oa Comparative and International Law Journal of Southern Africa - Sekgoma Letsholathebe's detention and the betrayal of a protectorate
|Article Title||Sekgoma Letsholathebe's detention and the betrayal of a protectorate|
|© Publisher:||Institute of Foreign and Comparative Law|
|Journal||Comparative and International Law Journal of Southern Africa|
|Affiliations||1 Institute of Foreign and Comparative Law, University of South Africa|
|Publication Date||Nov 1990|
|Pages||348 - 360|
|Keyword(s)||Bechuanaland Protectorate, British policy, British Protectorates in Southern Africa, Chief Sekgoma, Ngamiland, Republic of Botswana, The King v The Earl of Crewe and Union of South Africa Act|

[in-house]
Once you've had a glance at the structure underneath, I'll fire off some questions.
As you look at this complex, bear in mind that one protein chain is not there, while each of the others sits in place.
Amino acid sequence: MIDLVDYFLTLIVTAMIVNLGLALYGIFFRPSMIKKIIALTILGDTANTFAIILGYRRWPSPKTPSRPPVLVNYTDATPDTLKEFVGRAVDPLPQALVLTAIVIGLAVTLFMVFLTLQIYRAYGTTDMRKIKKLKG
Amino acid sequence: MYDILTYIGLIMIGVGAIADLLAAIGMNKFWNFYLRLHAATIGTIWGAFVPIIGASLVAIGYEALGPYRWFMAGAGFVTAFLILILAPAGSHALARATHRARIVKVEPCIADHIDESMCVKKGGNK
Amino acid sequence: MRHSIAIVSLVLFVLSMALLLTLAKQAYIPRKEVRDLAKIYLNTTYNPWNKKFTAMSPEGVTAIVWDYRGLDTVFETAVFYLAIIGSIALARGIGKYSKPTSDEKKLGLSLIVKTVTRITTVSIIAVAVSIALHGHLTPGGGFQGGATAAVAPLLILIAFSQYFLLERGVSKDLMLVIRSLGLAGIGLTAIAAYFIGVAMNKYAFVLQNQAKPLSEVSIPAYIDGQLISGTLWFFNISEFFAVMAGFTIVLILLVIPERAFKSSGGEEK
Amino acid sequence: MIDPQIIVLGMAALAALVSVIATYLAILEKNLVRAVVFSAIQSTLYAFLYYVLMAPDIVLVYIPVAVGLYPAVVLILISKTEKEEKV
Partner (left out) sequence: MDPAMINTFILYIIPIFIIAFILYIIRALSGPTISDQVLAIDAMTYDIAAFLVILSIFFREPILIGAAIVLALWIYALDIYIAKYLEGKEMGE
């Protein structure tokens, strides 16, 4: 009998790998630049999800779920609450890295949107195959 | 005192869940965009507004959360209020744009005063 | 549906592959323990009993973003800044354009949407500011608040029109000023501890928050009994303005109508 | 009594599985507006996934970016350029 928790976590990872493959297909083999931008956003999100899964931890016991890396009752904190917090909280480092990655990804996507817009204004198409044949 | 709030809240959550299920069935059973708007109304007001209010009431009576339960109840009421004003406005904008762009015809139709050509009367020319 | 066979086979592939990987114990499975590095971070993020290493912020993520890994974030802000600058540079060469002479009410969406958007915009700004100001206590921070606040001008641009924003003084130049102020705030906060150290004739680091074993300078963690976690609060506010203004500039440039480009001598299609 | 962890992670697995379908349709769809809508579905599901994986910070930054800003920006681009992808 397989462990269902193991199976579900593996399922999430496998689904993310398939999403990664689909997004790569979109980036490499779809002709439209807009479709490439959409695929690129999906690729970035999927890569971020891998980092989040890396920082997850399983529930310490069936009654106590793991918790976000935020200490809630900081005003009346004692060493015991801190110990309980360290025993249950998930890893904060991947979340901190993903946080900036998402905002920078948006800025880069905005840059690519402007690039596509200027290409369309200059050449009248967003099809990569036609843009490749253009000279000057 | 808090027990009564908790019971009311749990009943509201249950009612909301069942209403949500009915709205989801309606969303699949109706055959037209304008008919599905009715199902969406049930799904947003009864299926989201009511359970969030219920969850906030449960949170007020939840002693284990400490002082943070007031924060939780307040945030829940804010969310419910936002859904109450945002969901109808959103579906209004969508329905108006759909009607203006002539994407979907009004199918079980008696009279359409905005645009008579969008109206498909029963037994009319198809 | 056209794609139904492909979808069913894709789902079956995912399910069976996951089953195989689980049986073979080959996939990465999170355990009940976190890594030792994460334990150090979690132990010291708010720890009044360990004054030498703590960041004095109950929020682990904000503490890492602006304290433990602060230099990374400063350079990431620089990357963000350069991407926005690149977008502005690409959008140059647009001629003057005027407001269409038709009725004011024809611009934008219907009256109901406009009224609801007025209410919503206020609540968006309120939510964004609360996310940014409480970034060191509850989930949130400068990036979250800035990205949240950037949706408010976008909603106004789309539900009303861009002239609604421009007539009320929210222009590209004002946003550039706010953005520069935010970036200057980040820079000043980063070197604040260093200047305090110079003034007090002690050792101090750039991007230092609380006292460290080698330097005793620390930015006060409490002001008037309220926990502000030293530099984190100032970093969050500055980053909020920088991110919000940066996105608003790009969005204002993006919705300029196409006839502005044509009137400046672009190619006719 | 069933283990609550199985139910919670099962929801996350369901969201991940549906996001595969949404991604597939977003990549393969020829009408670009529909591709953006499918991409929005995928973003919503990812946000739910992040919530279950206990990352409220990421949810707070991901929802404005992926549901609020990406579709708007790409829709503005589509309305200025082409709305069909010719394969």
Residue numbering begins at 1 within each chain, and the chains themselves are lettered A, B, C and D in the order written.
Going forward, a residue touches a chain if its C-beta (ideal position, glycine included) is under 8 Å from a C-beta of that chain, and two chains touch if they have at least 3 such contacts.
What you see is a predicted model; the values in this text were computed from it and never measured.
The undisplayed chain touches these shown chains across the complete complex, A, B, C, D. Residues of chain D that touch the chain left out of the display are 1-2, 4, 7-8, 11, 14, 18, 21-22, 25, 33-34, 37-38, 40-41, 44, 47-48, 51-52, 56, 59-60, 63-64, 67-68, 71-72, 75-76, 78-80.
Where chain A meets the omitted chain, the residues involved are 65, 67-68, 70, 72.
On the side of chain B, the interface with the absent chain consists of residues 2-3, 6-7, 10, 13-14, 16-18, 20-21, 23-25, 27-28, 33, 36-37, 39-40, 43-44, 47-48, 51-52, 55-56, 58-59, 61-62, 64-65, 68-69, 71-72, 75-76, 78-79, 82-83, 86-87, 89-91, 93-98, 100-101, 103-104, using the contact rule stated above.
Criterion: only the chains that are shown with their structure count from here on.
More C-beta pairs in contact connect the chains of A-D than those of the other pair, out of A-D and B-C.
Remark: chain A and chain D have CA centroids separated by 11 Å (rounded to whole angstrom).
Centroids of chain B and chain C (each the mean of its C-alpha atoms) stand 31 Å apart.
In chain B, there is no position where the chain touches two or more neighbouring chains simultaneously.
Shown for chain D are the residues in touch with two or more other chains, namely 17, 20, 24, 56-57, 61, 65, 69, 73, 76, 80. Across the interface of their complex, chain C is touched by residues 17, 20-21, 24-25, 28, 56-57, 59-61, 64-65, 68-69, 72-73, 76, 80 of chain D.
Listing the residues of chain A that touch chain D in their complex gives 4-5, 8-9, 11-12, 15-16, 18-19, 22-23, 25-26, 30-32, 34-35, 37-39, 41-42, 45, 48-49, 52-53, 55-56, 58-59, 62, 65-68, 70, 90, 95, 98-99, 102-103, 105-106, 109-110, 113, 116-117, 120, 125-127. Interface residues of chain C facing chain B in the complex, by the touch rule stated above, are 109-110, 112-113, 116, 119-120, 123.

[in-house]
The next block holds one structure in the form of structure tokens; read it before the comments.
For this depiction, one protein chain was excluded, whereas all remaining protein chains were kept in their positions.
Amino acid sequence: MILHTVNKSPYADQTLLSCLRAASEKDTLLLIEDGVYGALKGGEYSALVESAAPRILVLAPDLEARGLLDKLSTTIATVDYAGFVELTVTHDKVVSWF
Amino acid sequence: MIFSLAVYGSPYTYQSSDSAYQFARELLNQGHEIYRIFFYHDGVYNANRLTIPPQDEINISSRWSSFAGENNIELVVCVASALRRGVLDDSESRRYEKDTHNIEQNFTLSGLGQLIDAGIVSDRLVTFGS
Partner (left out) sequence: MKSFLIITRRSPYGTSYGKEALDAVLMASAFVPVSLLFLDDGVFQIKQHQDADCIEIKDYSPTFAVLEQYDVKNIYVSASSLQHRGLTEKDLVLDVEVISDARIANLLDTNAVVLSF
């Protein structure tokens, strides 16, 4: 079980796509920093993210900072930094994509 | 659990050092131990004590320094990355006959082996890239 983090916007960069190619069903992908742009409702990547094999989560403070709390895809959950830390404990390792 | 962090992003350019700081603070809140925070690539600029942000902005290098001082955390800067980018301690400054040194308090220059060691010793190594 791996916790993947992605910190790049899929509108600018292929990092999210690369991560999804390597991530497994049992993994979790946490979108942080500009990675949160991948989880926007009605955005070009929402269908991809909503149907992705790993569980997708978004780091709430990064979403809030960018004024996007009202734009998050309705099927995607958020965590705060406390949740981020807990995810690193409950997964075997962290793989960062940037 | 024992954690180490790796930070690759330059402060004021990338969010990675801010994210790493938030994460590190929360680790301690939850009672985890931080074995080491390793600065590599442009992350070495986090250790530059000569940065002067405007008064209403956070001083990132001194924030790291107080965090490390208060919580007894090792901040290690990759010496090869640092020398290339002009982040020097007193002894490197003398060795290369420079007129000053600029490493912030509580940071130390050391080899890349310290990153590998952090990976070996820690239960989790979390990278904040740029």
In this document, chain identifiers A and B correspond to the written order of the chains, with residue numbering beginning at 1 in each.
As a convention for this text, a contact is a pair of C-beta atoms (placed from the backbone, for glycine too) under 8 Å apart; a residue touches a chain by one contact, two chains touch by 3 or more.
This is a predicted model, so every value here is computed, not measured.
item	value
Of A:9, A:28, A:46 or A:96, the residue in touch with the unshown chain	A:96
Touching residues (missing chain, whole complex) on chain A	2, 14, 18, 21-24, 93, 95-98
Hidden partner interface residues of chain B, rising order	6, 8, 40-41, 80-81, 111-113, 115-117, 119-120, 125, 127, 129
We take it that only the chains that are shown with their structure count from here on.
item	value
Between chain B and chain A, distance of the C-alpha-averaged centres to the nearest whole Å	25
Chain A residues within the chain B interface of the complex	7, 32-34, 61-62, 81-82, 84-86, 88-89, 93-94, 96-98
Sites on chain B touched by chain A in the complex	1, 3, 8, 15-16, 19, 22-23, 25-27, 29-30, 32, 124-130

The year 1910 was a traumatic year for the Bechuanaland Protectorate (now the Republic of Botswana). On 25 April. the Court of Appeal in the King's Bench Division delivered judgment in the case of The King v The Earl of Crewe: Ex parte Sekgome to the effect that His Majesty had unfettered jurisdiction in respect of the protectorate and could expect obedience to a practically unlimited extent. A week later, on 31 May, the Union of South Africa Act of 1909 which envisaged possible future transfer of the British Protectorates in Southern Africa - Bechuanaland, Basutoland and Swaziland - to the Union of South Africa. entered into force. This was certainly not the kind of protection the indigenous chiefs had expected to receive from the British. The article relates Chief Sekgoma's fate and his exposure of the British policy in respect of the protectorates.
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